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People have many different images of Chicago but few think of it as a beach town. That's somewhat odd because I'm hard pressed to think of any American cities that have as many beaches close to the city center as Chicago. Even living in Miami we have to schlep across the bay to get to Miami Beach. People forget that Chicago is along the shore of a lake so large it might as well be an ocean and there are actually twenty-four public beaches within the city limits. We picked Oak Street Beach, not far from downtown, and I was surprised by how much sand there was. I would never have known I wasn't at the oceanside. The towering skyscrapers just behind the beach made the incongruous feeling of being at the beach and in the city even more acute.
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One thing that we weren't expecting was that Chicago would have the most beautiful and impressive downtown of any American city. Naturally the first one anyone would think of is my hometown of New York City but I found Chicago's to have more interesting architecture, more space between the skyscrapers and therefore more sunlight, and a more energetic vibe overall. We walked up and down a long stretch of North Michigan Avenue that is known as Magnificent Mile. We ducked in and out of high-end boutiques and enjoyed amazing views of historic buildings and the Chicago River. The rippled, aquamarine surface of the water was a splendid accompaniment to the distinguished skyline.
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South of the river a series of enormous parks occupies the space between Michigan Avenue and the Lake Michigan shoreline. Here we found the reflecting Cloud Gate sculpture, affectionately known to locals as The Bean. Artist Anish Kapoor has never provided a detailed explanation of the sculpture's meaning but the prevailing interpretation is that the reflection of the sky and clouds on the polished metallic surface is like a doorway from the ground into the heavens. It's a perfect sculpture for a public place as the distorted reflections make for awesome photographs and the curved underside invites pedestrians to walk beneath.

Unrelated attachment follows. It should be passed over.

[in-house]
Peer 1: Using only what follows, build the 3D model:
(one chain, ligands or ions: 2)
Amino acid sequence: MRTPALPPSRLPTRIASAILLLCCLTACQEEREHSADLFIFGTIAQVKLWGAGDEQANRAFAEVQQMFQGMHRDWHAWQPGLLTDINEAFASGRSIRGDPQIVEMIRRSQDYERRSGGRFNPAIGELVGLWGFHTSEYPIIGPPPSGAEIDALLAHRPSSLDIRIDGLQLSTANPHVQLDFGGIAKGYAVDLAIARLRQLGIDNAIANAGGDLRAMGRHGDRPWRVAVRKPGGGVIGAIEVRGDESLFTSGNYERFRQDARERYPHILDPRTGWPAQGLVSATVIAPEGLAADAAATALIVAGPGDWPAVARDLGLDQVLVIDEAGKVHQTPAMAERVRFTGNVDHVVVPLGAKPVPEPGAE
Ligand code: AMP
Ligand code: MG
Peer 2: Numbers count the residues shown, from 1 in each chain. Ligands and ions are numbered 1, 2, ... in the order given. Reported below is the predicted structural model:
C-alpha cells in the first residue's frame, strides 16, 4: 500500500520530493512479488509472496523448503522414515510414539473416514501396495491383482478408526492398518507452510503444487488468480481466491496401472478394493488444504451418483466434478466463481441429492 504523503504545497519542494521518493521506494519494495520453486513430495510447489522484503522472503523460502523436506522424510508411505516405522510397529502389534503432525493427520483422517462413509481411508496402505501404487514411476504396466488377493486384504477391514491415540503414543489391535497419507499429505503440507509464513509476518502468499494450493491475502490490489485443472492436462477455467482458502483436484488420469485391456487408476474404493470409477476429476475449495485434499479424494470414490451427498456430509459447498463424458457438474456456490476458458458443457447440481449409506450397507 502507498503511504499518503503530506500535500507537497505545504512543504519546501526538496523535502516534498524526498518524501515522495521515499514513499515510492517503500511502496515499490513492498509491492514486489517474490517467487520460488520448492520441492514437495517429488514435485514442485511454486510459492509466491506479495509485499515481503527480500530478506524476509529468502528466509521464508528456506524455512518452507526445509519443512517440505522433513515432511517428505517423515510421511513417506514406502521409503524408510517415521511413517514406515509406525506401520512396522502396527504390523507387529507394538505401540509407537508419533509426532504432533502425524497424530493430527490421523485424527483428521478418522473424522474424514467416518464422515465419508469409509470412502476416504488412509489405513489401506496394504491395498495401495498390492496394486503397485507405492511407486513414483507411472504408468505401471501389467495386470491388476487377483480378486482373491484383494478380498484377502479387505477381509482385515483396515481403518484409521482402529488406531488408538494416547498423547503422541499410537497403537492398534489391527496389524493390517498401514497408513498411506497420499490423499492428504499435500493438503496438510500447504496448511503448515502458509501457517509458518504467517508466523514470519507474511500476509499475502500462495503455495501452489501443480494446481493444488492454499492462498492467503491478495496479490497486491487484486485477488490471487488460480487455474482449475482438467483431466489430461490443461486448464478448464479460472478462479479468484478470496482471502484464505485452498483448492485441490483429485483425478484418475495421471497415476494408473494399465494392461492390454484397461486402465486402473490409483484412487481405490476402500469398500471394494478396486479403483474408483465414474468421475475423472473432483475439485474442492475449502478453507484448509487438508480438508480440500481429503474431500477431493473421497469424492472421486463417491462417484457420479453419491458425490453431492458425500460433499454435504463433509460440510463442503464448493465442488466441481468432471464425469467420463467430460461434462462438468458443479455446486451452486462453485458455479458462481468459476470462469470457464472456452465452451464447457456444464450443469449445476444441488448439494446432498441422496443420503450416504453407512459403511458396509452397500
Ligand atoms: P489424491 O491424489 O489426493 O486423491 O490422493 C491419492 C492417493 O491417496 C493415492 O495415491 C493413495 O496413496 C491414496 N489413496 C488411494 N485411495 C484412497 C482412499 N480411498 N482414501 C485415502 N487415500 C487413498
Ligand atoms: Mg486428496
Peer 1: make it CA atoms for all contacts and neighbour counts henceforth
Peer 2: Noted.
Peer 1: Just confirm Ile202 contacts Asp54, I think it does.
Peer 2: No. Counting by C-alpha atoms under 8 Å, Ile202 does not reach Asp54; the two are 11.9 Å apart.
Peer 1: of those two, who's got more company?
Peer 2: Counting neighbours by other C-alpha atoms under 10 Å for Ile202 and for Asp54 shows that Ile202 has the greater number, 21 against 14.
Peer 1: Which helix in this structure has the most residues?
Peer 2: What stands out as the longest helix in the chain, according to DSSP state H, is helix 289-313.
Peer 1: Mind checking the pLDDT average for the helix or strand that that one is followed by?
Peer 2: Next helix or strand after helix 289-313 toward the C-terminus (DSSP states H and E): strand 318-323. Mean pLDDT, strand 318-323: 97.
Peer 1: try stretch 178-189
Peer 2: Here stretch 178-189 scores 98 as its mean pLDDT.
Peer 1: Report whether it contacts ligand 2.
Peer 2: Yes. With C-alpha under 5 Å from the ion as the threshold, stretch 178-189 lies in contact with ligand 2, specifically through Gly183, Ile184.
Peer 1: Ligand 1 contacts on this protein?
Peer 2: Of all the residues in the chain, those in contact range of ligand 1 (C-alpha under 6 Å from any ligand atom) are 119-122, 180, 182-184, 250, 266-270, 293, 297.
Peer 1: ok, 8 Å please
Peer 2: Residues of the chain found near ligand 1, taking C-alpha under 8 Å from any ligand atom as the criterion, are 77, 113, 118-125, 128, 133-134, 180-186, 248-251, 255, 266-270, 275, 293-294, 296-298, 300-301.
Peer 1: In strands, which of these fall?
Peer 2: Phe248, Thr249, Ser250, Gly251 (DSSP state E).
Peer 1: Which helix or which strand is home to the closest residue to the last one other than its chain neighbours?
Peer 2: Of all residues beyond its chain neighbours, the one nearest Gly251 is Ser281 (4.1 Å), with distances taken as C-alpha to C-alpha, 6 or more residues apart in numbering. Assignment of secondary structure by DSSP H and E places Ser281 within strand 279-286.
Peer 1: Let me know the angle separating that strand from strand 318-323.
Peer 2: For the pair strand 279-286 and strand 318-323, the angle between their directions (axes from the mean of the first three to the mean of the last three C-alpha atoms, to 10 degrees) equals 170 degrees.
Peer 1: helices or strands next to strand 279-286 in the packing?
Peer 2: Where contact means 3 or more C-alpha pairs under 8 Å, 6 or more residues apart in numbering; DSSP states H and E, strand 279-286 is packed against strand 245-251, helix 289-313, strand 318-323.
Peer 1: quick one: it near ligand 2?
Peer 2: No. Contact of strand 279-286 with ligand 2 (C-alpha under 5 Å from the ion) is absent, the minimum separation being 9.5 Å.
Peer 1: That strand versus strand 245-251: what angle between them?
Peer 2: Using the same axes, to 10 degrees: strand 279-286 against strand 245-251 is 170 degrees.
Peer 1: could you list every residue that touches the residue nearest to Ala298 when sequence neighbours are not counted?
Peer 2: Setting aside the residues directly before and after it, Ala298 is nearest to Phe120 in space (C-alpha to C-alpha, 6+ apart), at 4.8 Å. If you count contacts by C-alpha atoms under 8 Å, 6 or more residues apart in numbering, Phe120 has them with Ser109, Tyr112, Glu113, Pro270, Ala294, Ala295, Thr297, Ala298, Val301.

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Bistro night was at The Girl and the Goat, a very buzzy restaurant whose owner had been featured on the Top Chef cooking competition. We had made our reservation weeks in advance and naturally the restaurant was packed and full of energy. It was a great night out after a long day of sightseeing although the menu wasn't quite as innovative as we were expecting.
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We started the next day at a farmers market uptown before moving on to the curiosity shop Woolly Mammoth. The market was good-sized but unremarkable and Woolly Mammoth was mostly focused on taxidermy and the grotesque, which wasn't as fun for us as the offbeat boutiques we'd visited in Wisconsin.
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We were more impressed by the greenhouses at the Garfield Park Conservatory in central Chicago. This was our third botanical garden of the trip even though I'm not particularly interested in botany. However there's something about greenhouses that I find impossible to resist. In the best ones I feel like I've been transported to a primordial Earth unsullied by human civilization. The Garfield Park Conservatory was particularly lush and aesthetically pleasing, a wonderful respite from the urban expanse.
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We went directly from raw nature to one of the extremes of human audacity. The Willis Tower (formerly the Sears Tower) was the tallest building in the world from its completion in 1973 until 1998 when it was surpassed by the Petronas Towers in Malaysia. I wouldn't call the tower ugly but its black, block-like composition doesn't carry the same gravitas as the New York City skyscrapers that held the title before it or the innovative and beautiful Asian buildings that surpassed it. The main attraction for travelers is the Ledge, a small glass-floored balcony that projects outward from the observation deck to give visitors the illusion of being suspended hundreds of meters above the city streets. It was somewhat annoying being forced to watch the painful social media antics of those in the line ahead of us once they took their places in the box. Exaggerated expressions of terror and handstands seemed to be the most popular choices, accompanied by low grumbles from the line once people had gone over their time allotment in search of internet-based validation.